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ADVANCES in surgical techniques and the introduction of the newer, more powerful immunosuppressants have resulted in the successful clinical application of small bowel transplantation.1–3 This study focused on the routine histologic monitoring of small bowel allografts using serial endoscopic biopsies. Histopathologic findings, effectiveness, and the limitations of mucosal biopsies as a monitoring tool are discussed.
Between May 2, 1990 and August 21, 1991, a total of nine patients underwent small bowel plus liver (n = 8) or small bowel transplantation alone (n = 1) at the University of Pittsburgh. There were three adults (ages 21 to 31 years) and six children (ages 1 to 4 years) comprised of four males and five females. All patients were treated with FK 506 and steroid therapy.
Routine H&E sections of serial endoscopic biopsies of the allograft small bowel and liver were examined in all patients. Histological parameters assessed included: the degree and type of inflammation above that normally present: inflammatory gland or crypt infiltration and damage: pericapillary or perivenular lymphocyte cuffing and subendothelial infiltration: architectural distortion: ulceration of the epithelium, villous blunting, mucous, and parietal cell loss: fibrosis: and regenerative epithelial changes (ie, nuclear stratification, increased N:C ratio). Histological evaluation of liver allograft biopsies was according to previous publicatiOns.4
Discordance between rejection of the small bowel and liver was occasionally seen, with rejection of the small bowel allograft preceding that of the liver, in the early periods. The sole patient treated with a small bowel allograft alone experienced more frequent and more severe episodes of rejection than those who were also given a liver.
Specimens near the stoma opening often showed acute and chronic inflammation with fibrosis, which at times was difficult to differentiate from rejection.
Previous experience with animal small bowel allografts had suggested that rejection may manifest clinically as mucosal ulcerations and sepsis.5,6 A similar scenario was observed to various degrees in three of the five patients, most frequently in the early (< 100 days) posttransplant period. However, organisms were not uniformly cultured from the peripheral blood.
Histopathologically, during the above episodes, biopsies revealed an increase in mononuclear cells in the lamina propria and submucosa (when present). The infiltrate consisted primarily of blastic and smaller lymphocytes cuffed around small veins and infiltrating glands and crypts. Epithelial cell necrosis and reparative epithelial changes such as irregularly shaped lumens, mucous cell depletion, nuclear stratification, and an increased N:C ratio were also seen. When severe, architectural distortion with villous blunting and focal ulceration with resultant neutrophil plugging of capillaries and pseudomembranes were seen. Treatment of such patients with bolstered immunosuppressive therapy resulted in resolution of the clinical symptoms and a normalization of the endoscopic appearance of the small bowel mucosa. Resolution of the infiltrate and reparative changes were noted in follow-up biopsies.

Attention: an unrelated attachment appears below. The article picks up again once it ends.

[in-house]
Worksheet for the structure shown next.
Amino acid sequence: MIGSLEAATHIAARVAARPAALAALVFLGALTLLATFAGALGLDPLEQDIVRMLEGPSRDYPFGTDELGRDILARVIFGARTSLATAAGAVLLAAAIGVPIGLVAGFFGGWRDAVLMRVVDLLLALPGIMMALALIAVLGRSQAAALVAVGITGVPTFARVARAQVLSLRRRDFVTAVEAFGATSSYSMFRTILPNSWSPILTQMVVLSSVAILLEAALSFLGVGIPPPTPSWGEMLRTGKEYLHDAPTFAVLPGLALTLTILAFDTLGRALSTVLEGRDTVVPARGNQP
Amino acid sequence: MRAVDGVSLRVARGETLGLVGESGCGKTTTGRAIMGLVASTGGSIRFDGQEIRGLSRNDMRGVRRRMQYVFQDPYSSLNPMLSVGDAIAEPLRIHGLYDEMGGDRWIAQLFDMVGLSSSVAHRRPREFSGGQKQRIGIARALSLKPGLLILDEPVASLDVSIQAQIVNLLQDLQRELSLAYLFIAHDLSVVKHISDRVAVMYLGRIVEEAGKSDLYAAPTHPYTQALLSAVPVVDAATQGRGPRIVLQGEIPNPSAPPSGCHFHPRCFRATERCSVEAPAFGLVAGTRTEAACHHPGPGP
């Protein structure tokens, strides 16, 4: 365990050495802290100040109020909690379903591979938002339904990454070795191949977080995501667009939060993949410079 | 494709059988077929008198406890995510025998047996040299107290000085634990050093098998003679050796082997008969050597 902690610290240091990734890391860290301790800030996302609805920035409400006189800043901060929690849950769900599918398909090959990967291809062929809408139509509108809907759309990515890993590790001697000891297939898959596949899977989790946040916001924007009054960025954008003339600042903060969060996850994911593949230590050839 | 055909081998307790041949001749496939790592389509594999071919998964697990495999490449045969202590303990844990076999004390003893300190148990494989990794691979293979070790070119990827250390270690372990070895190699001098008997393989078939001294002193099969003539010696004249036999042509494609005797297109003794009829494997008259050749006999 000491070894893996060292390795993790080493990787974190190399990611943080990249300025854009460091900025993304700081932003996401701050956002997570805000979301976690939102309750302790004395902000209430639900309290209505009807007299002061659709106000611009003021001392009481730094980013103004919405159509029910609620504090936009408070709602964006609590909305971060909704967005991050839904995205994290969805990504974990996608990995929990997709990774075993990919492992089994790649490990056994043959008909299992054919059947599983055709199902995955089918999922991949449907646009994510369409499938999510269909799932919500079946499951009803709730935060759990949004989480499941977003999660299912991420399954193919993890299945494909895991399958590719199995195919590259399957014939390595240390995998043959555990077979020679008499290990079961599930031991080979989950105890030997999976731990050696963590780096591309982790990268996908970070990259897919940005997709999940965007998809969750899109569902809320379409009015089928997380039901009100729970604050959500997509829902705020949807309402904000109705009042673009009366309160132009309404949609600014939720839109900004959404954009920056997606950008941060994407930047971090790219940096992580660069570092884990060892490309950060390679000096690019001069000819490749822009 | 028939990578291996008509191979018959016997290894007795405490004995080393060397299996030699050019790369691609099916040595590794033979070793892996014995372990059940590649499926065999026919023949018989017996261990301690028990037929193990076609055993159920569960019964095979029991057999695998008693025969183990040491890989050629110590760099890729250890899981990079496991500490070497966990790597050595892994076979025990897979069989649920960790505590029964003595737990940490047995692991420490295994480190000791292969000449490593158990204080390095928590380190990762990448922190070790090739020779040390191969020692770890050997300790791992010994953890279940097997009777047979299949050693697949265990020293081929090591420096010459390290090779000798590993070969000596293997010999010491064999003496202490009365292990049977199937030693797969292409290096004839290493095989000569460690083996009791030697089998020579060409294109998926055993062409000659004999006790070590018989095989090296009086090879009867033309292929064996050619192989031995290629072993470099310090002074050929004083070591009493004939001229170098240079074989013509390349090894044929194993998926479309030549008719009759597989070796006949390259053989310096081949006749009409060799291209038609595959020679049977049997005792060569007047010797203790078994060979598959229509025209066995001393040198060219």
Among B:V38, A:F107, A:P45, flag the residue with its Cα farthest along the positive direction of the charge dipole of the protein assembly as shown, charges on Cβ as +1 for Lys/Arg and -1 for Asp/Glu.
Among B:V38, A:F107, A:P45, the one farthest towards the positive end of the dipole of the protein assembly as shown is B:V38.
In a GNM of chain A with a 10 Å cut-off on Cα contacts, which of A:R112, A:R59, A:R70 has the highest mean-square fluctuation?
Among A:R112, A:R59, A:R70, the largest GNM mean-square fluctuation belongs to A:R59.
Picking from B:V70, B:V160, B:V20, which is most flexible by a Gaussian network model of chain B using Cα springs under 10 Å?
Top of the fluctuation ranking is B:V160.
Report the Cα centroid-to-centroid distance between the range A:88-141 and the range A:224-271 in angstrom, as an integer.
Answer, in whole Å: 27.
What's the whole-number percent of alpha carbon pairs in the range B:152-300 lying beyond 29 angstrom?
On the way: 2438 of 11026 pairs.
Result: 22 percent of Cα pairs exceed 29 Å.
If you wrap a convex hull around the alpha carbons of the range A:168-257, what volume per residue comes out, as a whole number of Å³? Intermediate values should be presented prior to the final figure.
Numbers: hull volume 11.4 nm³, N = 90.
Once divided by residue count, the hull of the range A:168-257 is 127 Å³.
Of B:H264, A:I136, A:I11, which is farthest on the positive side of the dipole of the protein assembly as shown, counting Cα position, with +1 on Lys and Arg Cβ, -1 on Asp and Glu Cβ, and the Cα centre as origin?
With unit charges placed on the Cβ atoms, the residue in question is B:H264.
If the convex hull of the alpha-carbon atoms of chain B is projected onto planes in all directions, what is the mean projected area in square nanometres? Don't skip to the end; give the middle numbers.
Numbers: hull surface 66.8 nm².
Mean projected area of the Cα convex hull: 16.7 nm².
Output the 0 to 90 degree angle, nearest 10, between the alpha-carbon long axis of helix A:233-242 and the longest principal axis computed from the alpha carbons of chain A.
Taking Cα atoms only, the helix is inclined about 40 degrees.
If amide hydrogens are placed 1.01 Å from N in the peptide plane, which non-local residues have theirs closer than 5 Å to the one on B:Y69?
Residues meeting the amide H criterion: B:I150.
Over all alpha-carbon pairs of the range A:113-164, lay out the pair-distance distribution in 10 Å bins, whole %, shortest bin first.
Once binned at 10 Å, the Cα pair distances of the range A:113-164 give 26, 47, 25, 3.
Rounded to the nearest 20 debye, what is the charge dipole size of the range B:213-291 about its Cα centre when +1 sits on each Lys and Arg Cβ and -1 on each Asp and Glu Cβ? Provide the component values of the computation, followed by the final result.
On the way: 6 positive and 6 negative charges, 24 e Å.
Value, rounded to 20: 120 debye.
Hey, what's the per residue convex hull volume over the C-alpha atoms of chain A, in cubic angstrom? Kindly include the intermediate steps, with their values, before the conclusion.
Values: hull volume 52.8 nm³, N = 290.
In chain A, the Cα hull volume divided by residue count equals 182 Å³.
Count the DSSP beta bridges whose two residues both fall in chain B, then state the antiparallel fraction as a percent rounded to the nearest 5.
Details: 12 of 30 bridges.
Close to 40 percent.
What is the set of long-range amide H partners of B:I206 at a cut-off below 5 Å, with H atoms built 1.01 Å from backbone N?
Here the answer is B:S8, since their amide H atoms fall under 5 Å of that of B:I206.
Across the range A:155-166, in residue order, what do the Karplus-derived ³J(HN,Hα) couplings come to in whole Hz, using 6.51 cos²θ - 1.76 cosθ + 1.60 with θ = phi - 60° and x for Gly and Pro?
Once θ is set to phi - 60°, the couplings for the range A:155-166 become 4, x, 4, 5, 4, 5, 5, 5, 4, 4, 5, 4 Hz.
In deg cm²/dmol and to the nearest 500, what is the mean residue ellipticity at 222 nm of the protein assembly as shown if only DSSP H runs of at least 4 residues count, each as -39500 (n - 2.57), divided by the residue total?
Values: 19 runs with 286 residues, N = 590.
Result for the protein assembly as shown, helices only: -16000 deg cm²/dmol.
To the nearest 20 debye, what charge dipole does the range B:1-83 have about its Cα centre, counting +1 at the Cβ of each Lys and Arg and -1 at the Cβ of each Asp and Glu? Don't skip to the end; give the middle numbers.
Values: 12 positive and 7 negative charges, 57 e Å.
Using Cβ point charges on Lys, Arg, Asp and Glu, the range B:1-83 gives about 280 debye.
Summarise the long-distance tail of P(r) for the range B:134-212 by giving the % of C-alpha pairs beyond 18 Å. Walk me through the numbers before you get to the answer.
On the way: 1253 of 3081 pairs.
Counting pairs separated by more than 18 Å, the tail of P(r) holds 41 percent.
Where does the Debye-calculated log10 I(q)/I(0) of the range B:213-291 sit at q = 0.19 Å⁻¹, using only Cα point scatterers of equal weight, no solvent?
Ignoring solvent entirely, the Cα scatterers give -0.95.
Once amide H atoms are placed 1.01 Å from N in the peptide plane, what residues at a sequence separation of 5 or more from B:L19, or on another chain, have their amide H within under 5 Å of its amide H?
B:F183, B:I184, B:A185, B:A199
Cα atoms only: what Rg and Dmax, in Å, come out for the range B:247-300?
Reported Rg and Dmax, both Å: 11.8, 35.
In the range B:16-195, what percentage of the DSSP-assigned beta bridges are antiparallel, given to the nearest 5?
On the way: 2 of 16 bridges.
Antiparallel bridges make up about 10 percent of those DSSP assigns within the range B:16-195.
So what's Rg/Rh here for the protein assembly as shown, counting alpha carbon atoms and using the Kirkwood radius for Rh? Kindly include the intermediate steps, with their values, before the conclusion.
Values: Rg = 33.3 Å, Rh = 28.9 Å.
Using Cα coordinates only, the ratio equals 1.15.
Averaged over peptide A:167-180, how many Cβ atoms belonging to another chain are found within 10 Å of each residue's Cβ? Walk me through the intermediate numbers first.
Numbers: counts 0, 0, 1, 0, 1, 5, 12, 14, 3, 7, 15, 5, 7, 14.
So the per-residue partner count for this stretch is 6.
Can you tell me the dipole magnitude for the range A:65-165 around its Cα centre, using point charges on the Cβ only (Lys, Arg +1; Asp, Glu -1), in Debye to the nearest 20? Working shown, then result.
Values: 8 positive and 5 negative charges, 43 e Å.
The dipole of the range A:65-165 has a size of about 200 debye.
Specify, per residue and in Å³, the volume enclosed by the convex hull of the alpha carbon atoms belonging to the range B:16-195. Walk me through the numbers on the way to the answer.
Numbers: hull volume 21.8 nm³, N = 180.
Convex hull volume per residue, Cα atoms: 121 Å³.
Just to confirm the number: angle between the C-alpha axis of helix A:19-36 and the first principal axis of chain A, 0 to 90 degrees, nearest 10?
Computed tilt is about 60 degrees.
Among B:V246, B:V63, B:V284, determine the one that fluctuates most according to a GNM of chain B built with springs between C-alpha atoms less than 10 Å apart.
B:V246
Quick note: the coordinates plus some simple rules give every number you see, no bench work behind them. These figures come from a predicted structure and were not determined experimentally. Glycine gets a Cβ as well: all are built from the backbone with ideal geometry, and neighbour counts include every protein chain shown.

In later biopsies, changes interpreted as ongoing immunologic damage (ie, lymphocytic cryptitis and infiltration of glands) were less frequently accompanied by clinical symptoms, making pathologic diagnosis less certain. Detailed histologic findings will be presented elsewhere.7
This early study showed that endoscopic biopsy monitoring was able to correctly identify rejection as a cause of graft damage after human small bowel transplantation. More severe episodes, which tended to occur earlier, were more often accompanied by clinical symptoms and were easier to diagnose by biopsy. Later, presumed pathologic evidence of rejection was less often accompanied by clinical symptoms, and an unequivocal pathologic diagnosis of rejection was more difficult. Other animal and human studies, including the one presented here, have shown that potent immunosuppression in the early posttransplant period fosters orderly replacement of the graft mucosal lymphoid tissue by cells of the recipient.2,6 The donor lymphoid cells released from the graft are capable of producing GVHD.8 Recipient cells coming into the graft were capable of recapitulating the local immune architecture or causing rejection. Recognition of the latter was accomplished by detecting evidence of an infiltrate associated with tissue damage, repair, and architectural abnormalities in the mucosa. Deeper levels of the intestine wall (ie, submucosa, muscularis propria) were not usually present in biopsy samples.9 More detailed results will be presented elsewhere.7